The launch was originally scheduled for June, but had to be put off several times due to technical concerns, weather delays and range schedule conflicts. This time around, the countdown proceeded smoothly to liftoff from Launch Complex 39A at NASA’s Kennedy Space Center at 1:12 a.m. ET Aug. 7 (10:12 p.m. PT Aug. 6).

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Cosmic Space

Satellites swarm to look at Beirut blast aftermath

The aftermath of this week’s Beirut chemical explosion has been covered in triplicate by U.S. satellite imaging systems — with other nations’ satellites, drones and on-the-scene videos adding perspective.

All that imagery helped outside observers quickly verify that the killing blast was caused by the blow-up of a years-old stockpile of ammonium nitrate, which is typically used as fertilizer but can be turned into dangerous explosives.

The Aug. 4 explosion killed at least 100 people, injured thousands more, sent out a shock wave that damaged buildings up to 6 miles away, and generated a seismic shock that was felt as far away as Cyprus.

BlackSky is due to have two more Global satellites launched as soon as this week, as rideshare payloads on a SpaceX Falcon 9 under an arrangement with Seattle’s Spaceflight Inc. They’re among the first satellites built for BlackSky by Tukwila, Wash.-based LeoStella, a joint venture between Spaceflight Industries and Europe’s Thales Alenia Space. The deployment timetable calls for 16 BlackSky satellites to be on duty in low Earth orbit by early next year.

Two of BlackSky’s competitors, Planet and Maxar Technologies, also shared before-and-after views of the Beirut blast scene today:

BlackSky, Maxar Technologies and Planet have all won study contracts from the National Reconnaissance Office, under a program aimed at assessing the companies’ ability to provide imagery for the defense and intelligence communities.

NRO says it will start a new round of commercial imagery procurements in late 2020, with an eye toward satisfying government requirements into the 2023 time frame. So the efforts to capture over Beirut isn’t merely meant to satisfy curiosity; they serve to demonstrate what the companies can do for national defense.

In addition to the satellite pictures from those three U.S. companies, there’s a surfeit of sobering imagery from other satellites and drones. Here’s a sampling:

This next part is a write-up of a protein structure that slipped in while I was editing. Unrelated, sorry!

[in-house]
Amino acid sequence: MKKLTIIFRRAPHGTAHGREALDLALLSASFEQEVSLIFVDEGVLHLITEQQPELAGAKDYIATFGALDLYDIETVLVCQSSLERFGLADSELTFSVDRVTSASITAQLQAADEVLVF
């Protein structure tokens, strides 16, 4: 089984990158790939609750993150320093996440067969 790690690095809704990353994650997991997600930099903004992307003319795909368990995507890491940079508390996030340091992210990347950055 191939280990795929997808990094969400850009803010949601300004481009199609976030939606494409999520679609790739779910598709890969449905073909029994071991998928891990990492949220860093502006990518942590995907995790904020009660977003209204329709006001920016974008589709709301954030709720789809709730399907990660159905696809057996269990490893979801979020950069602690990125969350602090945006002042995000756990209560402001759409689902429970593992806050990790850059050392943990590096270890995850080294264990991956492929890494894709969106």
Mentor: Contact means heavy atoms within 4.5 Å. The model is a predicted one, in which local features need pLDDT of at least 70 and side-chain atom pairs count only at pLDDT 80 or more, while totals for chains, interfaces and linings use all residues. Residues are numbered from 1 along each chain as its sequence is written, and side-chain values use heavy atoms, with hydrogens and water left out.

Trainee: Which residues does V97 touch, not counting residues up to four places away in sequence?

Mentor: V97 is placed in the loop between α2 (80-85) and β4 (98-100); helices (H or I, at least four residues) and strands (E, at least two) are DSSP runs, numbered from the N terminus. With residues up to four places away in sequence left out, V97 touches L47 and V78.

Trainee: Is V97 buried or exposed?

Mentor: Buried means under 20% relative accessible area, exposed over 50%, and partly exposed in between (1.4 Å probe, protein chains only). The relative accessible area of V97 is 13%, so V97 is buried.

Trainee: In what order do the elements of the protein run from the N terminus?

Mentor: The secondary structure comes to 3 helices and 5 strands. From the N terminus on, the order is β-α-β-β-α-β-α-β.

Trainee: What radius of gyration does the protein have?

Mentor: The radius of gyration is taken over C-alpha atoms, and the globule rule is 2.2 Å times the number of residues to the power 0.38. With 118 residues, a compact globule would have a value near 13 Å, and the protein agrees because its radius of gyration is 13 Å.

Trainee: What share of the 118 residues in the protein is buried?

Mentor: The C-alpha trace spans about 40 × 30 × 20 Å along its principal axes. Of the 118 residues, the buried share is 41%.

To contribute online to Beirut relief efforts, check out the Lebanese Red Cross and Impact Lebanon on Just Giving.

This report was published on Cosmic Log. Accept no substitutes.

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BlackSky will track COVID-19 impact for Air Force

BlackSky, a satellite data venture with offices in Seattle, says it’s won a U.S. Air Force contract to track the effects of the coronavirus pandemic on military interests worldwide.

The contract calls for BlackSky to monitor U.S. military bases overseas and assess the status of supply chains, using its AI-enabled Spectra geospatial data analysis platform.

Spectra can analyze satellite data as well as news feeds and social media postings to identify anomalies worth following up on with additional imagery or investigation. The data inputs include imagery from BlackSky’s own satellite constellation as well as from other sources.

BlackSky has benefited from Pentagon contracts for years, but this latest project focuses on impacts related to the COVID-19 outbreak.

The approach was demonstrated for GeekWire back in May, when BlackSky executives showed how satellite images could be compared to detect an unusual rise or fall in, say, the number of cars parked in a lot outside a given installation. That could point to places where social distancing is decreasing or increasing.

Spectra can also analyze activity at airports, loading docks, maintenance facilities, fuel storage depots and other key installations to assess how supply chains might be affected by pandemic-related bottlenecks.

Such analyses can be compared with reported infection numbers coming from local governments, and integrated into computer models to predict the risk to deployed Air Force personnel and the surrounding communities.